I enjoyed it as a unique departure in my reading, appreciating the blend of the realism with some of the dramatically emotional pull of hopeless love. View all 19 comments. Jan 13, Cristina rated it it was amazing Shelves: View all 9 comments. I read this looking for more atmosphere and details about the Napoleonic wars, having just read War and Peace in which Tolstoy does a wonderful job of conveying how Napoleon's Russian campaign was viewed by some sections of Russian society. The beginning of this novel was promising with descriptions of how the people of Milan and the surrounding area viewed the Napoleonic conquest but soon the author began a long and involved courtly love saga that might have belonged more in the twelfth century I read this looking for more atmosphere and details about the Napoleonic wars, having just read War and Peace in which Tolstoy does a wonderful job of conveying how Napoleon's Russian campaign was viewed by some sections of Russian society.
The beginning of this novel was promising with descriptions of how the people of Milan and the surrounding area viewed the Napoleonic conquest but soon the author began a long and involved courtly love saga that might have belonged more in the twelfth century than the nineteenth. Not exactly what I expected View all 10 comments. Paradoxal, deoarece el era aristocrat!
The Charterhouse of Parma by Stendhal
Jun 24, Christian rated it it was ok. Stendahl was a nineteenth century French satirist who bascially invented the realistic psychological novel, and The Red And The Black is a wicked black comedy about a cunning young priest who plots to become Pope, and his subsequent adventures in high society.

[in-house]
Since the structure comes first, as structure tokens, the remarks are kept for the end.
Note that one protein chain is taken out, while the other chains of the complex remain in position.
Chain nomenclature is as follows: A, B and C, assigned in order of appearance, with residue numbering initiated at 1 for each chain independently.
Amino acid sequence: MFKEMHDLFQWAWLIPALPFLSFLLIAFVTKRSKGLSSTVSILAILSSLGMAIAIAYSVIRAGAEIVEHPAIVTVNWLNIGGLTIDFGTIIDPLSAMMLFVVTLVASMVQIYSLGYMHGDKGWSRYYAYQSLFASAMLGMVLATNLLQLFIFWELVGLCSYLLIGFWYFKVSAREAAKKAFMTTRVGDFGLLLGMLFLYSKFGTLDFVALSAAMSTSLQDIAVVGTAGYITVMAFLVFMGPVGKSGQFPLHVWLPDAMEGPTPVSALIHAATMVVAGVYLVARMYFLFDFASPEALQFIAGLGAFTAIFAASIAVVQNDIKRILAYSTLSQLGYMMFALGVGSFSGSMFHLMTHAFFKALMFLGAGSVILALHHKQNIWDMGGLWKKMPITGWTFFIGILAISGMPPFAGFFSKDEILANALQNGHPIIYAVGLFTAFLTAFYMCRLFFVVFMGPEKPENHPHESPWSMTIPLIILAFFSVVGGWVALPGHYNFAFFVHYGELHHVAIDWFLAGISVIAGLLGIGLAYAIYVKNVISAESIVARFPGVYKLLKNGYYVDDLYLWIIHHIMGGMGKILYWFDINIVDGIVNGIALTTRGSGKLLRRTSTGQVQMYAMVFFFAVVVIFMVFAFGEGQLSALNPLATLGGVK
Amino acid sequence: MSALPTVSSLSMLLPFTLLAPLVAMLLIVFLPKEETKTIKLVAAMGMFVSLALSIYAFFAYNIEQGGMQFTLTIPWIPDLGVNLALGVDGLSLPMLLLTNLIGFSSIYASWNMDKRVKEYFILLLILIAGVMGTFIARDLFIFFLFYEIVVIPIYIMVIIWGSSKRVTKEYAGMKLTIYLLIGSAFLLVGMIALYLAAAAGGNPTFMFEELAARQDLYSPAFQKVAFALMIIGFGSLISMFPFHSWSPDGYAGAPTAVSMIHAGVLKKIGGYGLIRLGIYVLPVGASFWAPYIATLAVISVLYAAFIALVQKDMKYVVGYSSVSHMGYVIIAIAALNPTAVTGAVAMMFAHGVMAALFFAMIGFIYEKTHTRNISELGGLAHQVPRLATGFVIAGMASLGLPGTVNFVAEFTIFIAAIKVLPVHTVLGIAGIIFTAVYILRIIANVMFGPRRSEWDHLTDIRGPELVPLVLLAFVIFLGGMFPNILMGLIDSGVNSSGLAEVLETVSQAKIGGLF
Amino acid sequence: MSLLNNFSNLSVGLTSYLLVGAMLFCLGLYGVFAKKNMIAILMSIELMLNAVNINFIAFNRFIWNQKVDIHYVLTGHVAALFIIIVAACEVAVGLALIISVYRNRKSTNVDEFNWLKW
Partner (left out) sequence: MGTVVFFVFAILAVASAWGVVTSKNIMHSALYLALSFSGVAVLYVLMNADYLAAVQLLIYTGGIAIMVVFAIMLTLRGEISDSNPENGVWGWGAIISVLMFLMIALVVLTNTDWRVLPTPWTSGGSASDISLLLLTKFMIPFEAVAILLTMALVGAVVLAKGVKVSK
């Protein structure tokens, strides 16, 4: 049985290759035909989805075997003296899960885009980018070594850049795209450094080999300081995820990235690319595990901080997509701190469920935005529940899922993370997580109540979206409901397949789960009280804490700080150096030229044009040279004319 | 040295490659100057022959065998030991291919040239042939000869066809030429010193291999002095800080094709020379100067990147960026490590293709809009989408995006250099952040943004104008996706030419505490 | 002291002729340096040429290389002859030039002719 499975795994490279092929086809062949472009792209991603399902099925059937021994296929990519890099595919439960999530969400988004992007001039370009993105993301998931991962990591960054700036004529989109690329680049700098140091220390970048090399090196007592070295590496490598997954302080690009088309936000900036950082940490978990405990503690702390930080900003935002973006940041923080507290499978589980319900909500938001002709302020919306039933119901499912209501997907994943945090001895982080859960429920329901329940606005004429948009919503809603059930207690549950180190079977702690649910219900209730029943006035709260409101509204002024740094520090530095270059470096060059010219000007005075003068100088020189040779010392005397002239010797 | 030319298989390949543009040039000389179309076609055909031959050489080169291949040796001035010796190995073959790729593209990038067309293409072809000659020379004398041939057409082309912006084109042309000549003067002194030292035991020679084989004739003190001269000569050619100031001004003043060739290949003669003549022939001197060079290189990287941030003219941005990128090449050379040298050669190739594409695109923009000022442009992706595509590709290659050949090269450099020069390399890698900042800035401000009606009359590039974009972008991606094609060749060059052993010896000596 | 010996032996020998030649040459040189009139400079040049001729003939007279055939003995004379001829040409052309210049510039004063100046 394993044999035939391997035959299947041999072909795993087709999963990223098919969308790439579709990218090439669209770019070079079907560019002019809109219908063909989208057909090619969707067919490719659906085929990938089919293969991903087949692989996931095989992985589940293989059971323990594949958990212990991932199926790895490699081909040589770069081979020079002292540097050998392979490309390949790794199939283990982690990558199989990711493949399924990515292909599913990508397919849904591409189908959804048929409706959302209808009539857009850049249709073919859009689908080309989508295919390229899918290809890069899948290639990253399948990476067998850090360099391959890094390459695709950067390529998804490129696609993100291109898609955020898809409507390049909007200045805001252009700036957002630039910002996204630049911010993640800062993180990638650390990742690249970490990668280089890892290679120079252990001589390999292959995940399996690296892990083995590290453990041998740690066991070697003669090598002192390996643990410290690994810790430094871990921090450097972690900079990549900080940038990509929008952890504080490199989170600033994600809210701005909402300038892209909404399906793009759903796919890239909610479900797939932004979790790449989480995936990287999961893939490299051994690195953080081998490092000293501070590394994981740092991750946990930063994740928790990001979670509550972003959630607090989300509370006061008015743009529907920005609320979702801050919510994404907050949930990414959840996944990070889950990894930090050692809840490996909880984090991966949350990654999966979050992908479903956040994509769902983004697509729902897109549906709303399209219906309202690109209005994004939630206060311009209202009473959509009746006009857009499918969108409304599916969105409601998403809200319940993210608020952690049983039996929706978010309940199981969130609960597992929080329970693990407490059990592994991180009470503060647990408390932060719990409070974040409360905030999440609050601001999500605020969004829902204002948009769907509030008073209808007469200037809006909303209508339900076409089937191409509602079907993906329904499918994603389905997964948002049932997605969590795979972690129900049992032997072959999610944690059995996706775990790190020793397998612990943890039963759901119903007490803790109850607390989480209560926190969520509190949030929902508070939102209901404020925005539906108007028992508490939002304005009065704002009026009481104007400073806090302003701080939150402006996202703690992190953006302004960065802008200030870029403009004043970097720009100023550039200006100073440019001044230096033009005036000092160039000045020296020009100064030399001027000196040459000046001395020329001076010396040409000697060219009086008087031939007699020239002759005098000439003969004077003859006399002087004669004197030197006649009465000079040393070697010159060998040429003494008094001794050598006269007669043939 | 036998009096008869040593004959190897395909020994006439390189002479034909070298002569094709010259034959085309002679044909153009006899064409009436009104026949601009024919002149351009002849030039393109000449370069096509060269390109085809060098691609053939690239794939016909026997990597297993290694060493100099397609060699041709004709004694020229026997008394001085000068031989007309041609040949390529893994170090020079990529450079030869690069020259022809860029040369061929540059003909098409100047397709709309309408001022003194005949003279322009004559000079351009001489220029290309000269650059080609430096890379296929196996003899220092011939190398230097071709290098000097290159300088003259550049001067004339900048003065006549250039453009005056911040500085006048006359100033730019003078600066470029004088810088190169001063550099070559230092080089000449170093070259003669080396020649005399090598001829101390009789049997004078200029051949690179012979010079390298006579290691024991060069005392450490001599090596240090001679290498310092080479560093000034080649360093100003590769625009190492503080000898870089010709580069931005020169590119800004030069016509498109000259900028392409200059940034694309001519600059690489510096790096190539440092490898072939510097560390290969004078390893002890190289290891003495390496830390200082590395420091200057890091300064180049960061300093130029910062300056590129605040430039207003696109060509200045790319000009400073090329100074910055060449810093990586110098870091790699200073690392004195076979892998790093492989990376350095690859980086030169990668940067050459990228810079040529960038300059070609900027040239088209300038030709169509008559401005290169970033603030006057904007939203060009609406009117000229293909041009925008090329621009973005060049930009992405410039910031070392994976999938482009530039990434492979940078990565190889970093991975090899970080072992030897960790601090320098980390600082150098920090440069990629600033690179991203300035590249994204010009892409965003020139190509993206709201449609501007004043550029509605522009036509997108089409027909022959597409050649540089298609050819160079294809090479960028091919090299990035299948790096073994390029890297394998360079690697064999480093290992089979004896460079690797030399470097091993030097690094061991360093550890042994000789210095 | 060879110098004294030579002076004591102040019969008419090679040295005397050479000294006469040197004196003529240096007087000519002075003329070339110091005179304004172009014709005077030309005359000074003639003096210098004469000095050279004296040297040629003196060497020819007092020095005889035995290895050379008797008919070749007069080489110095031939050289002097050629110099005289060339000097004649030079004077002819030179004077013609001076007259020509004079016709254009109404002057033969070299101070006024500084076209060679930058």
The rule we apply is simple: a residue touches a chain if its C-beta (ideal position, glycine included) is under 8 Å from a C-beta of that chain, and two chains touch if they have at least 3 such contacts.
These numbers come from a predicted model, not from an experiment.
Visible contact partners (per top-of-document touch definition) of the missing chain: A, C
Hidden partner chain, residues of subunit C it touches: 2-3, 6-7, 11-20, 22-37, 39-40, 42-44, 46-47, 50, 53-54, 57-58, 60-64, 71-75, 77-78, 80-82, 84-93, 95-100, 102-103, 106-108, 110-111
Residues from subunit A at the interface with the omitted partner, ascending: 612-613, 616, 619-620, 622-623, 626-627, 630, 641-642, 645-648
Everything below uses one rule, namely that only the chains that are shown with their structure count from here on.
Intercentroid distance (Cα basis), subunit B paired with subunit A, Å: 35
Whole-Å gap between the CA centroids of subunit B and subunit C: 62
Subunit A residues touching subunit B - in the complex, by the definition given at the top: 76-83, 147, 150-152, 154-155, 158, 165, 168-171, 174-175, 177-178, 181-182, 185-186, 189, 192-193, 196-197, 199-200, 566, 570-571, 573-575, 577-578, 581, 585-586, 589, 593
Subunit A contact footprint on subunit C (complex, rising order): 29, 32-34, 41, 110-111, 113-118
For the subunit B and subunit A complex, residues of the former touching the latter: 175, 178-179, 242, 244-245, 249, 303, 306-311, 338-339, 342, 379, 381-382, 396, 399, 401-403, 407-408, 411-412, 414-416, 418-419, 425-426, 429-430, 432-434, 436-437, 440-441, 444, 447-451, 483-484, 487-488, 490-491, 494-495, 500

Like I say I loved this book so I had high hopes for Charterhouse. Unfortunately, in my opinion after a promising start this book I picked this up last month because I'm a huge fan of The Red And The Black, easily one of my top five novels. Unfortunately, in my opinion after a promising start this book sort of loses the thread.
The majority of it is taken up with the bureaucratic and romantic intrigues of a court in the small Italian state of Parma, and to the modern Western reader most of this stuff is crushingly dull. Stendahl's great strength is showing us characters who are oblivious to their own inner motives those motives being plain as day to us readers and there is some of that here, as well as some compelling characters especially the Duchesa Gina Sanservina, the real hero of the story , but markedly absent is the biting wit and barbed social commentary of Stendahl's other great novel.
This is one of those historic romance novels that always leaves me scratching my head and thinking "wait, are these characters sleeping together or not? Some of the ridiculous courtly behavior is funny, or illuminating of human weakness in a telling way, some of the scenes are great the Waterloo sequence early in the book is absolutely amazing , some of the characters are worth getting to know, but there are weird plot twists that feel poorly introduced and then abandoned. Also, and I kid you not, some of the most significant and interesting action in this five hundred ten page novel takes place on the last ten pages!
We spend hundreds of pages meandering around in these peoples lives, and then all this crazy intense shit happens to them at the very end and is totally glossed over! What were you thinking, Stendahl? If you're a Stendahl fan you'll probably want to read this at some point, and maybe it's better than I know and I'm just not the best reader for this one. My opinion though, as if it weren't obvious, is that you should do yourself a favor and read The Red And The Black instead. View all 4 comments. Not bad until the end where it grows maudlin, alas, and becomes a slog.